Thursday, March 8, 2012

Real Heroes, Less Suspicious

Two years ago, the Richardson Coalition, a political action committee formed to elect its preferred candidates to city council, created something called the "Real Heroes" award. Their voting procedure, requiring the public to submit their email addresses to the PAC, smacked of an email harvesting scheme. Many people were suspicious of the PAC's motives (and by many people, I mean me and by suspicious, I mean dead certain). I pointed it out at the time. A year later, the next cycle of voting showed no changes to the voting procedure. I again complained about it here.

After the jump, how's it look in round three?

Finally, in the third year of the award, the Richardson Coalition has finally dropped the requirement that you supply your email address to the PAC in order to vote for one of these fine, generous residents of Richardson to receive a "Real Heroes" award. Good for them!

The form still asks for voters' email addresses, but at least it's now "optional." I may be too soft a grader, but I count that as a small improvement worthy of recognition. It's probably too much to ask the Richardson Coalition, now that they've got the program going, to enlist a non-partisan, non-profit, volunteer organization, and not a PAC, to administer and award this well-deserved honor in future years. That way, honorees won't have to wonder if they are being used to further some PAC's political aims. Turning over the program wouldn't be in the Richardson Coalition PAC's own self interest, which is electing its candidates to public office, but that's what would make it the unselfish, noble thing to do. If they did do it, I'd nominate the Richardson Coalition itself for being "Real Heroes."

In the meantime, congratulations to this year's nominees. Our community is the better for their efforts.


Nathan Morgan said...

The Coalition's original email address harvesting operation was in the form of a bait letter mailed to registered voters in town.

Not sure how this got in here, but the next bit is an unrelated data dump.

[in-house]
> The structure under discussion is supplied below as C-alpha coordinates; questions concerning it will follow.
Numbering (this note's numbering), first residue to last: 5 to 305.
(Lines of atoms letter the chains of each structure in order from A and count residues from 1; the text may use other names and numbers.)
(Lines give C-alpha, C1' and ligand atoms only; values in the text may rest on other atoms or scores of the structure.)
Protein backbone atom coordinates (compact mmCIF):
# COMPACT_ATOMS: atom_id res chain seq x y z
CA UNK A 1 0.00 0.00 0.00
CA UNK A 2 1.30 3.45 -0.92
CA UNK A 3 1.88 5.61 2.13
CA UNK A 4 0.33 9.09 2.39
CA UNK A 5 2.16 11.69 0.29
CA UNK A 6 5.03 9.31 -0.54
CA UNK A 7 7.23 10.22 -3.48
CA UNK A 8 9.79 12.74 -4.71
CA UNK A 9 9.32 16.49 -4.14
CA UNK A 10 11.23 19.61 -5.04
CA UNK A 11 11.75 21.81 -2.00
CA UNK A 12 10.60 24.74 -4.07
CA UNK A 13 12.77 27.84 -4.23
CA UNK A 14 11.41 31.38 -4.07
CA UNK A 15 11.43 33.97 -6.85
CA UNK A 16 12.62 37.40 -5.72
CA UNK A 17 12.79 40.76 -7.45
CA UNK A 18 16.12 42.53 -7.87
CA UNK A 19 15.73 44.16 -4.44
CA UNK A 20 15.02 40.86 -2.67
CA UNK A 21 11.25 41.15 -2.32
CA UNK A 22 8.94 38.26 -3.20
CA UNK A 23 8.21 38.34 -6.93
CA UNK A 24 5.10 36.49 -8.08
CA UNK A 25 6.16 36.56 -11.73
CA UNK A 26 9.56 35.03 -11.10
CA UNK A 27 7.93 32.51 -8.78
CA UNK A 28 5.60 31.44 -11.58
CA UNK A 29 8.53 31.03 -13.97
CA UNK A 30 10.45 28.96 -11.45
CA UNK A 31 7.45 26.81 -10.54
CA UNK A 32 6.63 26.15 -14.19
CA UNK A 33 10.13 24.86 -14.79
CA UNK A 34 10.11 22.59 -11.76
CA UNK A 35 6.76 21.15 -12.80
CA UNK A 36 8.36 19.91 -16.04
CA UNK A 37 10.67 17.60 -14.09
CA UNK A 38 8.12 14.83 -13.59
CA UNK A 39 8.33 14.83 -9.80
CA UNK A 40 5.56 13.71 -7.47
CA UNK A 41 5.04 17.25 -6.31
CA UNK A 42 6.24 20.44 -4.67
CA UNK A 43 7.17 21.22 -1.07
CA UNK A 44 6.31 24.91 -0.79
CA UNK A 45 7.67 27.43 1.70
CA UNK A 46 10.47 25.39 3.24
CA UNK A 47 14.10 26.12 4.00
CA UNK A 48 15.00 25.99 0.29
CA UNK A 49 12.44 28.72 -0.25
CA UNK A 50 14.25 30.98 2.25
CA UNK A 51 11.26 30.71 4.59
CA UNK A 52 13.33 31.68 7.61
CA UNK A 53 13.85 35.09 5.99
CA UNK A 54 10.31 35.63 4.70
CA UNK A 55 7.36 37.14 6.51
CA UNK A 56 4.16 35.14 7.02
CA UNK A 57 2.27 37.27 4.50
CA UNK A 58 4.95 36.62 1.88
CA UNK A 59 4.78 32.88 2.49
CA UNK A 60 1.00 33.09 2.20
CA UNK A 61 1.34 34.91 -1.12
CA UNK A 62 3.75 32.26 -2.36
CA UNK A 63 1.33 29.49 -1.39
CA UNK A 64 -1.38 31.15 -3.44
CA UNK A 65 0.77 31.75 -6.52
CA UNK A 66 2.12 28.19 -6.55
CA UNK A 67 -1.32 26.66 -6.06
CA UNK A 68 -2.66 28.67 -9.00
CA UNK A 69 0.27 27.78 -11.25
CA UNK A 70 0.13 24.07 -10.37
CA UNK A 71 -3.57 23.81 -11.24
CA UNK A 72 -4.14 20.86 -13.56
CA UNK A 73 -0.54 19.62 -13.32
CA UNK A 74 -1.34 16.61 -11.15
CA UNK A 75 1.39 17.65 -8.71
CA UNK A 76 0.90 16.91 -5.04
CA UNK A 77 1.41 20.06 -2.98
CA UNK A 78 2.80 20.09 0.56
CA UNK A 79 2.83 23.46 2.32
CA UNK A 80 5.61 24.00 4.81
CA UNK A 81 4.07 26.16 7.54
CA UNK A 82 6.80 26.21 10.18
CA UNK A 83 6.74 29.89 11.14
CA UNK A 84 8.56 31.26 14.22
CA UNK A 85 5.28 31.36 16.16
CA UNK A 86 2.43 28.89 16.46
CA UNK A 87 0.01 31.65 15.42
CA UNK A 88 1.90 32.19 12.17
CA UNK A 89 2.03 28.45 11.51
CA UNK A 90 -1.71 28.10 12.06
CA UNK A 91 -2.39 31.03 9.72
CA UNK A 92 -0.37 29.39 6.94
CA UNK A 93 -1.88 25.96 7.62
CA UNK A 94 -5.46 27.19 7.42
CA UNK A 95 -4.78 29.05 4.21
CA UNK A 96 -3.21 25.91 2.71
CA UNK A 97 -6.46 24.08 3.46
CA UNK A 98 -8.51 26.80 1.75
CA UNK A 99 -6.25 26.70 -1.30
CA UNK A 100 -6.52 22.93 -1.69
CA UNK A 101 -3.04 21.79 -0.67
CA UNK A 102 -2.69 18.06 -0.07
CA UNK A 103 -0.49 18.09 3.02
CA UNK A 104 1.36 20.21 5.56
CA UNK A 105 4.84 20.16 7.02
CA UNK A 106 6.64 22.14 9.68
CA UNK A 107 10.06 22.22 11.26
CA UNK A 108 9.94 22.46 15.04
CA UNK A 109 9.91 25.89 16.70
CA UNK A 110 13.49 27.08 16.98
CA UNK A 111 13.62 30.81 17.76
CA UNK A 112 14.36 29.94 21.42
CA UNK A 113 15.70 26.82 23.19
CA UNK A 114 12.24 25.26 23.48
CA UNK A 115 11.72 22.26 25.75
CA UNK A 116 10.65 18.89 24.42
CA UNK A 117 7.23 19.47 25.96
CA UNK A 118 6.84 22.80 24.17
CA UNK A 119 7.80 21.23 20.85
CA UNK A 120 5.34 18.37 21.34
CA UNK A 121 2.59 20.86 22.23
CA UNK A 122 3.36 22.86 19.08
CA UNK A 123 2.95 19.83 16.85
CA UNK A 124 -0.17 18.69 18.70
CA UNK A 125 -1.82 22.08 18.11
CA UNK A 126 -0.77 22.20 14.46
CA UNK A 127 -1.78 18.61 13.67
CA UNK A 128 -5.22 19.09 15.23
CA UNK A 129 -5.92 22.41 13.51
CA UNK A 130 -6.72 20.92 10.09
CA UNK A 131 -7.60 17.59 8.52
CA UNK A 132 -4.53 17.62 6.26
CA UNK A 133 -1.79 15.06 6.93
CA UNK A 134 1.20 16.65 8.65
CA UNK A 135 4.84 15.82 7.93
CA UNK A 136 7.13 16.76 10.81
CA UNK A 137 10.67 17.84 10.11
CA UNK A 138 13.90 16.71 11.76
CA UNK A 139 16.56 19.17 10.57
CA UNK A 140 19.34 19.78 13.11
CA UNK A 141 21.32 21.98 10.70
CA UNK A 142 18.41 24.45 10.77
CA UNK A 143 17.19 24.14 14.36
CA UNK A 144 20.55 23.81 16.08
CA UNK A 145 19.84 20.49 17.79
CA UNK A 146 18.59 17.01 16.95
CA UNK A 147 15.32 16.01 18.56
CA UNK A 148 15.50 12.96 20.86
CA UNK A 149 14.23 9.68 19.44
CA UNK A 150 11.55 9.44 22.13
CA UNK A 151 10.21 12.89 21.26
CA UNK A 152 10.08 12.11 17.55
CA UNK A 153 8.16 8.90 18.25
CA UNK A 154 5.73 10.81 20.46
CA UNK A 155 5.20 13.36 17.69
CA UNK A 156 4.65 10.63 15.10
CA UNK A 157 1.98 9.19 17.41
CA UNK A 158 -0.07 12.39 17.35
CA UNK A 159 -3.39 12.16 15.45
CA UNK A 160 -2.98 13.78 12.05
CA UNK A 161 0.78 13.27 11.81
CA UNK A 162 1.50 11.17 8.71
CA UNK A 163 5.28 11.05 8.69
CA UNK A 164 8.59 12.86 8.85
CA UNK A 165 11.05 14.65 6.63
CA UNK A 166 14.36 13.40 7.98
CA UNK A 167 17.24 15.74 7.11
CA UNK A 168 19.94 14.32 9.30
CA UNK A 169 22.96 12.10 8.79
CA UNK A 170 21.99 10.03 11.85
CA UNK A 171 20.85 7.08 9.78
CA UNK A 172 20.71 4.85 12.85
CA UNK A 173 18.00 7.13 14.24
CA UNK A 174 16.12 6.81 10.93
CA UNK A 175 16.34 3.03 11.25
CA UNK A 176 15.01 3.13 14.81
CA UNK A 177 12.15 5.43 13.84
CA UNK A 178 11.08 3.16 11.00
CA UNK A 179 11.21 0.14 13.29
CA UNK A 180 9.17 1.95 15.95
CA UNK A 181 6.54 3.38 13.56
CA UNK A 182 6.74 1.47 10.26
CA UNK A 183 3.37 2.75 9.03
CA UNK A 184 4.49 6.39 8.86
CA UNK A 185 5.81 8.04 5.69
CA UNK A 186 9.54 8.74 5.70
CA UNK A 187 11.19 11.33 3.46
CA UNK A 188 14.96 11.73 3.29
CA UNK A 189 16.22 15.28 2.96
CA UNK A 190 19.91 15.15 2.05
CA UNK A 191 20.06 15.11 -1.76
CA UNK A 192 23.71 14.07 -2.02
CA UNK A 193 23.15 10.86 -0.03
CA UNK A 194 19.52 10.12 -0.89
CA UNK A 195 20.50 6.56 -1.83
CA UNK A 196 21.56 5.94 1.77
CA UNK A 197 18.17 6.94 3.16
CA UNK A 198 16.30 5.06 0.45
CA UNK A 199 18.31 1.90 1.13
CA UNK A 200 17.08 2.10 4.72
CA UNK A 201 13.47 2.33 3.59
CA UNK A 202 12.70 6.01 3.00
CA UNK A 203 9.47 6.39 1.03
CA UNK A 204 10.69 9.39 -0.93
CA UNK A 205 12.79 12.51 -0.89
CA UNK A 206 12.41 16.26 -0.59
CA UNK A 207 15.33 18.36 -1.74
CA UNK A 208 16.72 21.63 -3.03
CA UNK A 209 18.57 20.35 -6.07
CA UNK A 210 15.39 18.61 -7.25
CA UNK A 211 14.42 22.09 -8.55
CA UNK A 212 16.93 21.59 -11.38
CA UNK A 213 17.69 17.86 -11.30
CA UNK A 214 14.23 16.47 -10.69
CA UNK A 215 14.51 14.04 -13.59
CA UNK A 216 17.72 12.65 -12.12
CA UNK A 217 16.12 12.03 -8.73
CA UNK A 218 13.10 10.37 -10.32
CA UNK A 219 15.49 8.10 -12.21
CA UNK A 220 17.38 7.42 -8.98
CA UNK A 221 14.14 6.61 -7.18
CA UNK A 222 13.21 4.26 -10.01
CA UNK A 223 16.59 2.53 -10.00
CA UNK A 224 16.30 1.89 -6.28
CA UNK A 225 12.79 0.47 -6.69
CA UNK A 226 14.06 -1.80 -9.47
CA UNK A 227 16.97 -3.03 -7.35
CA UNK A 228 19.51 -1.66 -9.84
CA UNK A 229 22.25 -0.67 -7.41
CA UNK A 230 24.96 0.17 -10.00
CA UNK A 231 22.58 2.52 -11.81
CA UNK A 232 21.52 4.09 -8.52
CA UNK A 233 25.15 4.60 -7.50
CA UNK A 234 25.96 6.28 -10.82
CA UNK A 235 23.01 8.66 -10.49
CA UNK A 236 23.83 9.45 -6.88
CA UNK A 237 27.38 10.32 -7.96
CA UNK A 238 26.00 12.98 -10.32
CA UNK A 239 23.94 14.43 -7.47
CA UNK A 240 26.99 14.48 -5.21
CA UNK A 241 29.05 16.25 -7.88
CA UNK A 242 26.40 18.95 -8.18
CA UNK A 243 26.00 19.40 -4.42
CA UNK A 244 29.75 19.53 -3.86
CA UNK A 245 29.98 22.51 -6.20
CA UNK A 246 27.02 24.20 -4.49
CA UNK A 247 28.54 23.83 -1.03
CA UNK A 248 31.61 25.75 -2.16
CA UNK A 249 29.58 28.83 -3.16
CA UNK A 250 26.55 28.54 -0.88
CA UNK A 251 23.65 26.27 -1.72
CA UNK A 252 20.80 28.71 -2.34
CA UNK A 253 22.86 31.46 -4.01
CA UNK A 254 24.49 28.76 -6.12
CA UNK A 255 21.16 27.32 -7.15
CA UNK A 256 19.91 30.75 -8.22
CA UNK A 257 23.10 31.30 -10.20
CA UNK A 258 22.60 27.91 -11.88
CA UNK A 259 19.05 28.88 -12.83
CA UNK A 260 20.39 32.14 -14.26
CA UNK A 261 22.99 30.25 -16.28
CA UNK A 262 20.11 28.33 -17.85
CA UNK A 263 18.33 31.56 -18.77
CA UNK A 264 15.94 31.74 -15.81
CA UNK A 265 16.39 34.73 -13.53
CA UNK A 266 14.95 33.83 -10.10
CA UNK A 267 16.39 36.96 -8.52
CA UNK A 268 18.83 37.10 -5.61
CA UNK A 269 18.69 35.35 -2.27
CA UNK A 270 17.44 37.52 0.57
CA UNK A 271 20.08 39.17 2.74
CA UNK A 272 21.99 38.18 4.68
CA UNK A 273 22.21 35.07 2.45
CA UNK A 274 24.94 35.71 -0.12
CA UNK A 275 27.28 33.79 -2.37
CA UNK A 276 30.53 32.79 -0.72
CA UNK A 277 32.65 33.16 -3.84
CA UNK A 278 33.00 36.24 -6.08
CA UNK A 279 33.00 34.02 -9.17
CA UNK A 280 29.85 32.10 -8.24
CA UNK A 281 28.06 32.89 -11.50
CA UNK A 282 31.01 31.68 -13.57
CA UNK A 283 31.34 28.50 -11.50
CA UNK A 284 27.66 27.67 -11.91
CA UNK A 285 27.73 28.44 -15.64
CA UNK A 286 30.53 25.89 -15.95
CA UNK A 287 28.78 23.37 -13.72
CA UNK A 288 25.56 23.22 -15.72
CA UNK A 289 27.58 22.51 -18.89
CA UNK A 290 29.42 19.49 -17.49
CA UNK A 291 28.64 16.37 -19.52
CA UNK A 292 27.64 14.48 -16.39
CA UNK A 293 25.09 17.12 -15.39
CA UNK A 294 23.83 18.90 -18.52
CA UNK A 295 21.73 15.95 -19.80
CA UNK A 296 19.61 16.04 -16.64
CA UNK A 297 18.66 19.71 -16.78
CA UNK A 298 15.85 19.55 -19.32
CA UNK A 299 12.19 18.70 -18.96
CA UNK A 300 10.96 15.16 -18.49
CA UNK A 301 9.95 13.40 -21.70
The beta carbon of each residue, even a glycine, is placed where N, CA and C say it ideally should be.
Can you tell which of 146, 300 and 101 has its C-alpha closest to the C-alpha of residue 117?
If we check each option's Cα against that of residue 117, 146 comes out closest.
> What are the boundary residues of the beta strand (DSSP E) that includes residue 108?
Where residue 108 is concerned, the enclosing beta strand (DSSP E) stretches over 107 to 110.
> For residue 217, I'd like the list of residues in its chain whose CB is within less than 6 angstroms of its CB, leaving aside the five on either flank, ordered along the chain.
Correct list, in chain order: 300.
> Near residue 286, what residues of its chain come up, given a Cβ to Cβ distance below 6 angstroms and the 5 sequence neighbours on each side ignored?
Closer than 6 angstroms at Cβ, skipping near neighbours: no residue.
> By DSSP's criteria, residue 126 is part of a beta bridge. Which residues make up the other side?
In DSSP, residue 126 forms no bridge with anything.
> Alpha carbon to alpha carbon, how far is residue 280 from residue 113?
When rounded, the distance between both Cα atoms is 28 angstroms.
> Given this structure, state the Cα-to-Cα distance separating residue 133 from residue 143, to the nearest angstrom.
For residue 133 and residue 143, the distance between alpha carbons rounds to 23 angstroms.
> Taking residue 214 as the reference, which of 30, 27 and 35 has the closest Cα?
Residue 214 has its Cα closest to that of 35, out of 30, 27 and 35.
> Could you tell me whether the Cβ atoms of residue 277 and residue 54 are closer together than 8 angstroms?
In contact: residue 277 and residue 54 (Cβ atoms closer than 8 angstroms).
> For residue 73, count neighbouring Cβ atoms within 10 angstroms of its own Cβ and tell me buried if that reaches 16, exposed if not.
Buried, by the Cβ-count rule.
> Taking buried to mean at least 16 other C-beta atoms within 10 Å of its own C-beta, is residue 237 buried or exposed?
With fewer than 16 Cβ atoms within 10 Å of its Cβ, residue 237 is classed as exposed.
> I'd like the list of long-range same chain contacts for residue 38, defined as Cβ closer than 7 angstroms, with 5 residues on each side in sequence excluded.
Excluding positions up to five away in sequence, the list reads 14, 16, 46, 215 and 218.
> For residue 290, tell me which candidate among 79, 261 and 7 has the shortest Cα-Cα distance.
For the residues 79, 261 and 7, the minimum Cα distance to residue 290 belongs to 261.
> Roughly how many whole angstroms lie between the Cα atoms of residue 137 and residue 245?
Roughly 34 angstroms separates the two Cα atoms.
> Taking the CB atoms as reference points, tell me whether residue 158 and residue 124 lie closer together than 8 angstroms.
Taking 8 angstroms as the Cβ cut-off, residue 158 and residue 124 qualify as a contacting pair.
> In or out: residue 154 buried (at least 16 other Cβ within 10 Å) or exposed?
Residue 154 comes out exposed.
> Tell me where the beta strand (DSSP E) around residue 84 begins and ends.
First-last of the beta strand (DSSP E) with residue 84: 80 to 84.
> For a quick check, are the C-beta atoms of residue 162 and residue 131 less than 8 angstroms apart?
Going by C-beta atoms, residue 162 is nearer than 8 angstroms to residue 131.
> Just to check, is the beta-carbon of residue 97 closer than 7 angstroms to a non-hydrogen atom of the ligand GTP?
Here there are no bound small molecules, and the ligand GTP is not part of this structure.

Some (and by "some", I mean me and others who have higher moral standards) think they violated the legal prohibition on using the voter registration records to promote a private cause.

Very cleverly written, the unsigned letter suggested that recipients would be left out of the loop if they didn't sign up...more like left out of the noose.

Needless to say, they ensnared quite a few email subscribers with that stunt.

Mark Steger said...

To clear up any possible misunderstanding, I have nothing against PACs buying mailing lists or using public information to create their own mailing lists. I have nothing against PACs using direct mail to solicit monetary contributions or to ask people to register on an email list to receive future mailings from the PAC. That's how I found out about the "Real Heroes" award in the first place! I do wish this PAC wouldn't use an otherwise worthy program like a "Real Heroes" award as a way to further pad their email lists. And it appears they changed that practice. Like I said, good for them.

Nathan Morgan said...

The over the hill gang has crested the peak. Now that a sufficient quantity and quality of targets have been located, there is less need to use such trickery. Now they can portray themselves as some sort of benevolent society. Good for them. That's what marketing research experts would call success.